July 13th 2014  |   Family Safaris, Kenya, Countries, Experiences  |  by   John Spence

In February this year, on a wonderful family safari in Kenya, we celebrated my son Jack’s 9th birthday, our 10th wedding anniversary and my 40th birthday. For someone who has been in the travel business for 20 years I am very bad at planning our family holidays, and we’ve had a few disappointing trips as a result. Since this was to be the first trip to Africa for the children, I was determined to organise the perfect Spence family safari.

So in March 2008 I got going and booked our trip to Kenya, 11 months before travel, to tie in with the February half term. After chatting nicely to the children’s schools, they both agreed to us taking them out of school a few extra days either side of half term. It was the earliest I have ever booked a trip, but once I had done it, it was so liberating. I had 11 months to look forward to this trip. During the autumn months of 2008 when the world was in financial meltdown I did wonder whether doing an expensive trip to Africa was such a wise decision. However like our clients who pay us a deposit, I was committed to the camps and could not cancel. This ended up being perfect as, regardless of how tough the business climate was, we were still going on a holiday of a life time.

We did a fantastic trip staying at Giraffe Manor in Nairobi, Peponi Hotel in Lamu, Lewa in northern Kenya, and ending at Rekero Camp and Acacia House in the Masai Mara. Each element of the trip had highlights that were unique to that particular place. There were too many specific moments to mention but here are just a few.

On arrival in Nairobi, tired and grumpy after a night flight and a long queue at passport control, our spirits were lifted by the giraffes and wonderful hospitality at Giraffe Manor. Lily, my six year old daughter still swears it has the most comfortable bed in Africa. It really was the perfect start.

Next we flew into Lamu on a small plane. Seeing my children’s faces as they landed on a dirt strip and then stepped on to a wooden dhow to chug across the Indian Ocean to get to Peponi was memorable. This was like no other travel they had done before. No booster seat required, and no moans of, ‘Are we there yet?’ The hosting at Peponi, as many of our clients know is what truly makes it. I have stayed at so many different places all around the world yet Peponi always comes out on top. I really don’t know how they continue to work their magic day after day, year after year. My children snorkelled and tried waterskiing, tried sushi and caught a fish, all firsts for them.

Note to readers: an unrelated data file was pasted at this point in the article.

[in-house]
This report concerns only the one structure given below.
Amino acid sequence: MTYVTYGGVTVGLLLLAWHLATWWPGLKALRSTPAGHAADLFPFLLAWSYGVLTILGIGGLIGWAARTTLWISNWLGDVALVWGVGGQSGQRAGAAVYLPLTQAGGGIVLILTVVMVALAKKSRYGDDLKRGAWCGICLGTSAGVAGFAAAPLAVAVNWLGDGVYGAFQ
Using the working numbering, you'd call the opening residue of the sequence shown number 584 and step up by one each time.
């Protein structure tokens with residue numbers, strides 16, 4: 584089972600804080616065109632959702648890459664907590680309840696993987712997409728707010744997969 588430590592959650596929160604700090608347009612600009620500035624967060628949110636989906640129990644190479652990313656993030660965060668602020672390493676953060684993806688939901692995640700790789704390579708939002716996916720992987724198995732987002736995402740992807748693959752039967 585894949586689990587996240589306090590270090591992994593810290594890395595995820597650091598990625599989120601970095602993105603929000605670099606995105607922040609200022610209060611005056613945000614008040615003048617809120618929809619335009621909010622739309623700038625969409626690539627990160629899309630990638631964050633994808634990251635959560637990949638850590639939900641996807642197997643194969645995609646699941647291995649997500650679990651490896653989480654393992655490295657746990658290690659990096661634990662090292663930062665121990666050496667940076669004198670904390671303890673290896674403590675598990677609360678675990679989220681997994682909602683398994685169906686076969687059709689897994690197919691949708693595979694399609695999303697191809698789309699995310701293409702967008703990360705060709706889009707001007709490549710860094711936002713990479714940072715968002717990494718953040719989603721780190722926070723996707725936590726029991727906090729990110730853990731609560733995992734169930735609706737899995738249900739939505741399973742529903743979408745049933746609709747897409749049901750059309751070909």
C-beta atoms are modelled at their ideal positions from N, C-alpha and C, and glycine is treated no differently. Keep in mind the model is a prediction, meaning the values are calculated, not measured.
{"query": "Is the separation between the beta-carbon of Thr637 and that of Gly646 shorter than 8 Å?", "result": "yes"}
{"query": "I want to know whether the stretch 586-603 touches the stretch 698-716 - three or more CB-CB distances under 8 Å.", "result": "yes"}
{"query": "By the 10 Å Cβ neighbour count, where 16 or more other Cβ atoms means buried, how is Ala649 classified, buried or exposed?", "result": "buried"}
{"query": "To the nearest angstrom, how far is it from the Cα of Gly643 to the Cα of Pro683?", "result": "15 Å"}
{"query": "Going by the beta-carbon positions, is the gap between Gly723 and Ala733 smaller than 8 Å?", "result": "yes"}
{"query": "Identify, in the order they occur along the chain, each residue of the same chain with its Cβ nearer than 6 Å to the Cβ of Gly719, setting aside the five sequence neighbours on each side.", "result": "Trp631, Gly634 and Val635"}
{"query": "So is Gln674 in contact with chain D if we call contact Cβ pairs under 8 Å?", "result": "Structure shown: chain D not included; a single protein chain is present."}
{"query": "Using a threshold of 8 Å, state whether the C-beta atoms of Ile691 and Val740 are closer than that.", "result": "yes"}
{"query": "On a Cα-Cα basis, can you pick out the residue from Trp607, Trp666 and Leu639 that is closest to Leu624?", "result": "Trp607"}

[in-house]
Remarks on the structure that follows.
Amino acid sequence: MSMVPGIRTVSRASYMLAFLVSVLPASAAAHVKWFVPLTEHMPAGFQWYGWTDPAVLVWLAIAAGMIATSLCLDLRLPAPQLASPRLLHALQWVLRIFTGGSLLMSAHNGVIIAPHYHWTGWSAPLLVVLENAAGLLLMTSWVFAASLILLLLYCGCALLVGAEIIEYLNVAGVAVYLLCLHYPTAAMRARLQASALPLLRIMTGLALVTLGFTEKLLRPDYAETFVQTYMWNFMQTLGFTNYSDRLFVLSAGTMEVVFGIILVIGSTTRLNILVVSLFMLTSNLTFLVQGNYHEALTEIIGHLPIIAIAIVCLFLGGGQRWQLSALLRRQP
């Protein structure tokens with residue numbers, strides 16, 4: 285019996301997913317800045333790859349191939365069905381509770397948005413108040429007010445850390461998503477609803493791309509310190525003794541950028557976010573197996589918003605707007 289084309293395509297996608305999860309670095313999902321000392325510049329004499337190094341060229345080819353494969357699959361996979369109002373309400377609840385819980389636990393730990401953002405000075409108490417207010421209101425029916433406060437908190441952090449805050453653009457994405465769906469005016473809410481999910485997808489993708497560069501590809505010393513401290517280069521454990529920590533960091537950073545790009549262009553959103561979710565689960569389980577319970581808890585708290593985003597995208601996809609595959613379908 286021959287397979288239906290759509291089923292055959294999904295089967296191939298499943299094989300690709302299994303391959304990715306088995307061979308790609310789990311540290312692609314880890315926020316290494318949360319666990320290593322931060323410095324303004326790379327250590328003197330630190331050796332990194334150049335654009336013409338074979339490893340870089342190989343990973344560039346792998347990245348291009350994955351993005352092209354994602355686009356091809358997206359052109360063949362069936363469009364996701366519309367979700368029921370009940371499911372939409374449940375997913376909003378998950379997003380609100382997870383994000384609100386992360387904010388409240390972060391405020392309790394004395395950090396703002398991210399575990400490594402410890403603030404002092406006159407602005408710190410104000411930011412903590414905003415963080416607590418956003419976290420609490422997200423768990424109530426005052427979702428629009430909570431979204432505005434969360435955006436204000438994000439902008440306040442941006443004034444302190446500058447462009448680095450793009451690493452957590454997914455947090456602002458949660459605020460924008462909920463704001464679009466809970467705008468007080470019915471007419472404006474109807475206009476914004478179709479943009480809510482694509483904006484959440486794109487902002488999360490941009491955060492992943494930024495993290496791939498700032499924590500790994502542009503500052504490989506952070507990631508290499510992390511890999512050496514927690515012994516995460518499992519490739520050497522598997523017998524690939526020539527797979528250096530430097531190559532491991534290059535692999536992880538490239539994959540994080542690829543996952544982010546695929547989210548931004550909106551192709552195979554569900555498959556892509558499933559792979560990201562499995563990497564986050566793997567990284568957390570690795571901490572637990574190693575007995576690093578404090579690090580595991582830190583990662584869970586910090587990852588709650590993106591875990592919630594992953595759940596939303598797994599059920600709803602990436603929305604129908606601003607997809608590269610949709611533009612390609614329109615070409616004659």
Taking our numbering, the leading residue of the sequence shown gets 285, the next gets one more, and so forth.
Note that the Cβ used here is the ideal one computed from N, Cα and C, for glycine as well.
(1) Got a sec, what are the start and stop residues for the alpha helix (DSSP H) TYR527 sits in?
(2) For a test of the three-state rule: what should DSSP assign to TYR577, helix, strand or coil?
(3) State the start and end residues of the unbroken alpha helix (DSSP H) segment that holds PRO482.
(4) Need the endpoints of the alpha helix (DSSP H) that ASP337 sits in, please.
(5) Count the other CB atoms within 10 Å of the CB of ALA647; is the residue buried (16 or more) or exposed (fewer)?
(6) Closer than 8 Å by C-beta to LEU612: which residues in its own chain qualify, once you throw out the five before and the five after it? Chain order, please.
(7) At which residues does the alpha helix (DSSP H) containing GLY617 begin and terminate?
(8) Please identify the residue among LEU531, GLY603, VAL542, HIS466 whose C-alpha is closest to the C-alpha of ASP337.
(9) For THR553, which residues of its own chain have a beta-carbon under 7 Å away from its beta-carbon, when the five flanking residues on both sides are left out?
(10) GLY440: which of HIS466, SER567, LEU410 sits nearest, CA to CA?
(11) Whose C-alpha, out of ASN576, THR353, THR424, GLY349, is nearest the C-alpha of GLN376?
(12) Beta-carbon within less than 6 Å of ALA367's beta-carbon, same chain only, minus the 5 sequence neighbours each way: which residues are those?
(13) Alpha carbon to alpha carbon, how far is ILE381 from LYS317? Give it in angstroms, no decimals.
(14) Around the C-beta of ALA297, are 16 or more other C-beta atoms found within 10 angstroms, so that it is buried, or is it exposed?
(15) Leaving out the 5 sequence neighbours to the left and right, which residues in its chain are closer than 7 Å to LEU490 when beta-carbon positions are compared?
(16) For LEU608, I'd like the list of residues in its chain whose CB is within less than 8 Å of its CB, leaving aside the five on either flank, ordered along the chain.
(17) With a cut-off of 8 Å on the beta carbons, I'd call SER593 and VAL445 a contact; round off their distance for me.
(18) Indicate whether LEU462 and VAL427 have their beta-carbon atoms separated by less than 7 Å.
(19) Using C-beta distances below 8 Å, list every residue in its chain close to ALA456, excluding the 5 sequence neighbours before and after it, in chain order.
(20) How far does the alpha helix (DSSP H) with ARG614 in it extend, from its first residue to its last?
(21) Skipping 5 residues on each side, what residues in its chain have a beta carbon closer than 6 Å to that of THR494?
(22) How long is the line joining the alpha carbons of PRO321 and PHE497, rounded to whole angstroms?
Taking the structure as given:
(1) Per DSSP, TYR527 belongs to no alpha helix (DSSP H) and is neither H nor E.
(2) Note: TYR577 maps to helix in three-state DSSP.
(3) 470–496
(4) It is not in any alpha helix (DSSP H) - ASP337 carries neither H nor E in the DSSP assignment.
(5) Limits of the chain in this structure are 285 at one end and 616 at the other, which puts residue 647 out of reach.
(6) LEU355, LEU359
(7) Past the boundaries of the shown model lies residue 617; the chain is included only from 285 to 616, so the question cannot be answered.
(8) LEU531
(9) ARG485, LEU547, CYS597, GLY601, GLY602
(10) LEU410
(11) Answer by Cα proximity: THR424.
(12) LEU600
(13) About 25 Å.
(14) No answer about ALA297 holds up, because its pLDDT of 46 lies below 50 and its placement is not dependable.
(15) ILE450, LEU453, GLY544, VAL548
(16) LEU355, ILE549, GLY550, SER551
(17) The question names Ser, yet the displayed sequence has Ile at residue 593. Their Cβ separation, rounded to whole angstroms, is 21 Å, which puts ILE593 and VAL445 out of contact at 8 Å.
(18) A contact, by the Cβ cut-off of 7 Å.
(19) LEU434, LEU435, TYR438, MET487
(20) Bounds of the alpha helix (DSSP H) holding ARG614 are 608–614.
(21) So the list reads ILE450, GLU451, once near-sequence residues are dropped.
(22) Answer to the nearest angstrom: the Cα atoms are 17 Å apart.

On to Lewa by another small plane and from the air we saw snow-capped Mount Kenya up close and a hazy Kilimanjaro in the distance. Within minutes of landing Jack and Lily saw their first elephant, zebra and giraffe. During our time there they went on to help milk cows and goats, saw Daddy fly off on a yellow biplane (secret birthday present from my mother arranged by the office), rode horses and camels, bottle fed a rhino, got close to lion, and ate breakfast in the bush. The fried bacon appearing from behind a bush amazed Lily more than anything else. Was our Masai guide a magician?

Our final stop took us to Rekero and as it was Jack’s birthday I asked if he could sit in the front of the plane on the way down. Best birthday present ever and it was free – thanks, pilot. At Rekero I had requested senior guide James with whom I travelled to the US a few years ago and who had also visited us here in the UK. To see his smiling familiar face at the airstrip was another trip highlight for me. On to the camp itself where we were greeted by owners Gerard and Rainee, their two wonderful boys, Charlie and Sam, and Jackson, shareholder, guide and sometime BBC presenter on Big Cat Diary.

It was lovely to end our holiday amongst friends. They really did spoil us, as they have spoilt many of our clients before. Africa, as ever, wove her magic. As a family we had some really special moments I will always cherish. The children saw and tried things for the first time that I am sure they will have as happy childhood memories for life. My wife like many mothers was worried about how the children would cope with Africa. They coped better than us. I spent the money on a holiday rather than a big party or a new kitchen. Best money I’ve spent in ages. Bring on the big 50!

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